2 September 2013
According to Nour Party officials, the selections have served to "marginalize the Islamist trend" from the constitution-amending process
The Salafist Nour Party on Monday said it would not withdraw its representative from the 50-member committee tasked with deciding amendments to Egypt's constitution, despite the party's reservations about the panel's composition.
Deputy party head Bassam al-Zarqa was included in a Sunday presidential decree which named the 50 members of the constitutional committee.
Besides al-Zarqa, the only other Islamist-leaning figure on the committee is Kamal al-Helbawi, an Islamist thinker and ex-Muslim Brotherhood figure who has been a vocal critic of the group.
According to Nour Party officials, the selections have served to "marginalize the Islamist trend" from the constitution-amending process.
"The selections marginalized the political parties, especially the Islamist ones," party spokesman Sherif Taha told Anadolu Agency.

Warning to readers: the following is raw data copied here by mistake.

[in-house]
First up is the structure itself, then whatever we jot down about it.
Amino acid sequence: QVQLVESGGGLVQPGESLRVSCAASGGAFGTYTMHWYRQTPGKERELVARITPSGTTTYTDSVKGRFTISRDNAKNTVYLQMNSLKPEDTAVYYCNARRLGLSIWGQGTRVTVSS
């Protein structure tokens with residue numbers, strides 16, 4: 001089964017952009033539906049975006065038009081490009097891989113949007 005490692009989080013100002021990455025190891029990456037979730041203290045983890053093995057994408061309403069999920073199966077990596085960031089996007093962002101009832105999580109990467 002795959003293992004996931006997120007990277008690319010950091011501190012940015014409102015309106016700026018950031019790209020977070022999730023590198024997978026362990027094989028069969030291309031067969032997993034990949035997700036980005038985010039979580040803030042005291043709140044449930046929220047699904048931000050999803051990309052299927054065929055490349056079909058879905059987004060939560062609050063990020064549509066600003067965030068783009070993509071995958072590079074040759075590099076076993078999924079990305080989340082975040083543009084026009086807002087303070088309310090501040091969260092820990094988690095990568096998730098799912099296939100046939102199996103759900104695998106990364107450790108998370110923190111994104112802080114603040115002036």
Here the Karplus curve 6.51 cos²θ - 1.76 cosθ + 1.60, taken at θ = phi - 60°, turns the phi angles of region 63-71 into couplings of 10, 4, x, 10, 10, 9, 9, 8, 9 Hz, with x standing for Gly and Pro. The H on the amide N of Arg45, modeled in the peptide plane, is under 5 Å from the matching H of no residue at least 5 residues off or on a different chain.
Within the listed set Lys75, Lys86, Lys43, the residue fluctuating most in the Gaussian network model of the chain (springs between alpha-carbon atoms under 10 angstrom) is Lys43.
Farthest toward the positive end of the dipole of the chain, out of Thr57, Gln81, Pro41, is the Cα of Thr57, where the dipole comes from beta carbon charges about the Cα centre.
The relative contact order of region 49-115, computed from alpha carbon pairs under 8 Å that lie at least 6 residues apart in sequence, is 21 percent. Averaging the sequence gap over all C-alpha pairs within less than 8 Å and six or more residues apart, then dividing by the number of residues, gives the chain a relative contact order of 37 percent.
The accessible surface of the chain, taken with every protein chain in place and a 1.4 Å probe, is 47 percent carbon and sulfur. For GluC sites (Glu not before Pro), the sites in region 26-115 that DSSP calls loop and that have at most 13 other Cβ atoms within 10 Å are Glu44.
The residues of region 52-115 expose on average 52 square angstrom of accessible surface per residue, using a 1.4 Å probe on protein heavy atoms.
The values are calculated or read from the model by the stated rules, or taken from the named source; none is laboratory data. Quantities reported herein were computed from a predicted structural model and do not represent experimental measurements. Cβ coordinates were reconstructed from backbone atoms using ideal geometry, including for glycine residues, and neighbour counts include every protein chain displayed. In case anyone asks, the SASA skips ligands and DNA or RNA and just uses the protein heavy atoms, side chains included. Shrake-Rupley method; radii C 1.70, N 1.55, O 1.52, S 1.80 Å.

"The committee only included one member [al-Zarqa] from the Islamist parties
while the other figure [al-Helbawi] doesn't represent Islamist parties," he added. "This indicates the exclusion of and disregard for the Islamist trend."
Taha nevertheless said his party would not shun the constitutional panel.
Last month, the party announced its decision to participate in the 50-member committee, reversing an earlier decision to boycott the panel following proposals to remove Article 219 of the charter, which describes the "principles of Sharia" as "all proofs, jurisprudential bases and sources agreed upon by Sunni schools."
"The constitution is a very important issue for Nour; one of the main factors that drove us to participate in the committee is the pursuit of a constitution reflective of the country's Islamic identity," Taha said.
"That's why we're determined to join the constitution-writing panel," he added, "especially since no other Islamist party is represented."
The Salafist party supported an army-imposed roadmap under which Mohamed Morsi, Egypt's first democratically elected president, was deposed on July 3 following mass protests against his presidency.
Under the roadmap, the constitution approved last year via popular referendum was suspended, while Adly Mansour, head of Egypt's constitutional court, was made interim president.